By Dawn Wolfe Gutterman
ANN ARBOR – Rich Merritt is coming to OUTfest Sept. 24 to give some advice: “Our secrets keep us sick.” Merritt received that advice from a therapist who was part of his journey, which has included surviving roughly fifteen years of Bob Jones’ fundamentalist schools, a stint in the Marines as a closeted gay man, drug addiction and recovery, and negative publicity about his brief time making gay porn films.
Merritt first peeked out of the closet in 1998, when the New York Times Magazine included him in a story about gays in the military; Merritt was also on the magazine’s cover. Though he was identified only by an initial in the Times article, subsequent media coverage after he left the Marines revealed something Merritt had chosen not to share – his stint, while in the military, making gay porn films. His reaction to the subsequent negative publicity was one factor which led Merritt to drug addiction.
Merritt has written about it all in his book, “Secrets of a Gay Marine Porn Star.” Don’t judge this book by its title – rather than tales of bawdy sex, the book is actually the story of one man’s journey beyond survival and into learning how to live.
Since the book’s publication in June, Merritt has been interviewed by national publications ranging from the Gay & Lesbian Times to A&U. Granted, press interviews are part of the job of selling one’s book, but Merritt seems to go beyond glib self-promotion to share experiences that might help others lead better lives. Or even just stay alive.
In the A&U July interview, for example, Merritt says of his early sexual promiscuity, “I allowed myself to be lured into [unsafe encounters]. The first few times I had sex, it was unsafe, but I was ‘straight’ and the guys were either ‘straight’ or in the military, so I reasoned they could not possibly have HIV/AIDS. Pretty stupid. In my young and repressed mind, a condom prohibited the ‘bonding’ I was seeking. I wanted to share everything with this guy, even it if was bad.”
Merritt has also been outspoken about the detrimental effects of Christian fundamentalism. In a May 13 column in Southern Voice, which is posted on Merritt’s website, www.richmerritt.com, the author bids a not-so-fond farewell to Dr. Bob Jones III upon his retirement from heading the schools that bear his family’s name.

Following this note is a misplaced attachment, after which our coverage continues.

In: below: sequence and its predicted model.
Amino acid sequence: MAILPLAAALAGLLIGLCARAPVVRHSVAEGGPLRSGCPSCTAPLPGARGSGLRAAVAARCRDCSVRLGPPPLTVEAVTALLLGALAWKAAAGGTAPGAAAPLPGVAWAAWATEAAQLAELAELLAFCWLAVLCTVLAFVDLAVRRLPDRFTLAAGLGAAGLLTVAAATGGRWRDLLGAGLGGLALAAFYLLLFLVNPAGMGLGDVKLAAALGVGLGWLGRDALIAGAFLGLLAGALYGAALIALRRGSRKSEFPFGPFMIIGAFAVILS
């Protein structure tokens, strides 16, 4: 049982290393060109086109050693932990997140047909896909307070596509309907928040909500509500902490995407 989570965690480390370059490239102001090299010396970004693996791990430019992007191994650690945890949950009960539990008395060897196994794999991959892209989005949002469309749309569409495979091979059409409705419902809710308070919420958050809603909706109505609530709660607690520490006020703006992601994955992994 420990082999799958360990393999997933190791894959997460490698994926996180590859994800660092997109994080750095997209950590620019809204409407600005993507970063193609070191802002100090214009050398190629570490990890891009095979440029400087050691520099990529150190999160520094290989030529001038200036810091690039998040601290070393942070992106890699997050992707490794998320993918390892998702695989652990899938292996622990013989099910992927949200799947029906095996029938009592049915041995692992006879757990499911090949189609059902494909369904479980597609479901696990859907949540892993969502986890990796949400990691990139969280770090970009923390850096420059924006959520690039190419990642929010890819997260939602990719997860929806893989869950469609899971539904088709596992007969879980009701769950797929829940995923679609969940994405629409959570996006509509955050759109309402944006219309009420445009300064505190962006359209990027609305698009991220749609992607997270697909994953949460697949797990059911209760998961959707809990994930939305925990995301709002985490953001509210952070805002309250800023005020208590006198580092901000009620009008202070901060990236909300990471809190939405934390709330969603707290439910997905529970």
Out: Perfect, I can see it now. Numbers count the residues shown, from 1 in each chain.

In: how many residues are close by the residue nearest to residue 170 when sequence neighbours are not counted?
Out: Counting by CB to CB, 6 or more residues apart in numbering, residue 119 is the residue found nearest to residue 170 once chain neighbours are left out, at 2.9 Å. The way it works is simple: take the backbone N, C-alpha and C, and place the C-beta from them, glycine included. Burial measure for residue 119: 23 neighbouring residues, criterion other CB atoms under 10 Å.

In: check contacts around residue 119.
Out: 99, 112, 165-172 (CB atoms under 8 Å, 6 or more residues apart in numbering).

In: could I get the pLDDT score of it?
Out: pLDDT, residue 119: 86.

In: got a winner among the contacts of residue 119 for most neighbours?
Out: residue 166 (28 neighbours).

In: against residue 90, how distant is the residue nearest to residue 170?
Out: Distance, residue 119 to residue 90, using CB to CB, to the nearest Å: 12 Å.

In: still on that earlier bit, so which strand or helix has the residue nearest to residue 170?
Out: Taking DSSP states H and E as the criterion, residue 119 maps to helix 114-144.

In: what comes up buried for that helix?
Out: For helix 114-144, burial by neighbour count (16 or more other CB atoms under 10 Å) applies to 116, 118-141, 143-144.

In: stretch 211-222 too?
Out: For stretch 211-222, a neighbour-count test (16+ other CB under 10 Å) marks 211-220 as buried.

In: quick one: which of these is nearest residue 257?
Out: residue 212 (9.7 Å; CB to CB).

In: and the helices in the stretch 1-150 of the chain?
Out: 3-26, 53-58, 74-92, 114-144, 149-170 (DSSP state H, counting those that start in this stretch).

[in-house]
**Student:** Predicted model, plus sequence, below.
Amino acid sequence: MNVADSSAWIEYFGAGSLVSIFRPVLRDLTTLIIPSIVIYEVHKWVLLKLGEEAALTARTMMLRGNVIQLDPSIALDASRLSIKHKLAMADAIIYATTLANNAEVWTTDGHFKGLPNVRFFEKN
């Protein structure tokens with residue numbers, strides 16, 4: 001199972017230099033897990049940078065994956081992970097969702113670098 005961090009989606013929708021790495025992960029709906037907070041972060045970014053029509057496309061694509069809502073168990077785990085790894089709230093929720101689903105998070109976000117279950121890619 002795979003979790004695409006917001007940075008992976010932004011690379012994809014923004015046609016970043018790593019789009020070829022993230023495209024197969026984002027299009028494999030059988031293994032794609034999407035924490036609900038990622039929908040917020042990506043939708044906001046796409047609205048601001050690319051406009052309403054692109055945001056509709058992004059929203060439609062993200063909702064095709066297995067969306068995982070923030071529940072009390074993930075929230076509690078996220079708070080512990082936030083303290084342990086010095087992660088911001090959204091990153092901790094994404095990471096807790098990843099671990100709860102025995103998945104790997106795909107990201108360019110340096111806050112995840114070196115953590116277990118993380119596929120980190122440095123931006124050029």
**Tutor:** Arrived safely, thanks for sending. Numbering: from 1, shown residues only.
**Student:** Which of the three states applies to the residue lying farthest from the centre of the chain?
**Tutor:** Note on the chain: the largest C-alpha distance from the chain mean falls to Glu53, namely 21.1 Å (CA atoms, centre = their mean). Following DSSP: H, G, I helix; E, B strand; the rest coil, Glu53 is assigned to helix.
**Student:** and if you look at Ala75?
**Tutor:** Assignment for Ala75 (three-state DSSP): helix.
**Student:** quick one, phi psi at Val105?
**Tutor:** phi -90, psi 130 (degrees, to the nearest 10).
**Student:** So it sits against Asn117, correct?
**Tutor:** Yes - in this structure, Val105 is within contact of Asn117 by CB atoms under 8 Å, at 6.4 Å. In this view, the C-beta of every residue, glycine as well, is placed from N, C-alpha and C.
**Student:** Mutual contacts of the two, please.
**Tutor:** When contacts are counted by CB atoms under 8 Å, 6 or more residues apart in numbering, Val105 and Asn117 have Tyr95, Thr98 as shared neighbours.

“Indeed, through faith, hope and experience, I have made tremendous growth, both spiritually and personally, as I’ve overcome my affliction. My affliction however, is not my homosexuality; rather, my affliction has been the tormented shackles of fundamentalist bigotry. In the 20 years since you handed me my Bob Jones Academy high school diploma, I’ve slowly and painfully learned how to combat the self-hatred I learned in your schools. I’ve reprogrammed my mind away from the contempt for other sinners that you and your institution instilled in me. THE MAIN DIFFERENCE between us is that your belief system requires you to reject all other belief systems, especially ones practiced by those you define as pagan. My liberal belief system requires that I maintain respect for opinions, traditions and practices of all other faiths, even those held by people who wish that I be stoned to death.”
Merritt will be on the Main Stage at OUTfest, Kerrytown’s annual block party to celebrate National Coming Out Day, at approximately 6 p.m. on Sept. 24. Other OUTFest events will include live entertainment on two stages, an auction at the Washtenaw Rainbow Action Project center, dancing in the streets, and a speaking appearance by State Representative Alma-Wheeler Smith.
At 7 p.m., following Merritt’s address at OUTfest, he’ll be doing a reading and signing of his book “Secrets of a Gay Marine Porn Star” at Common Language Bookstore.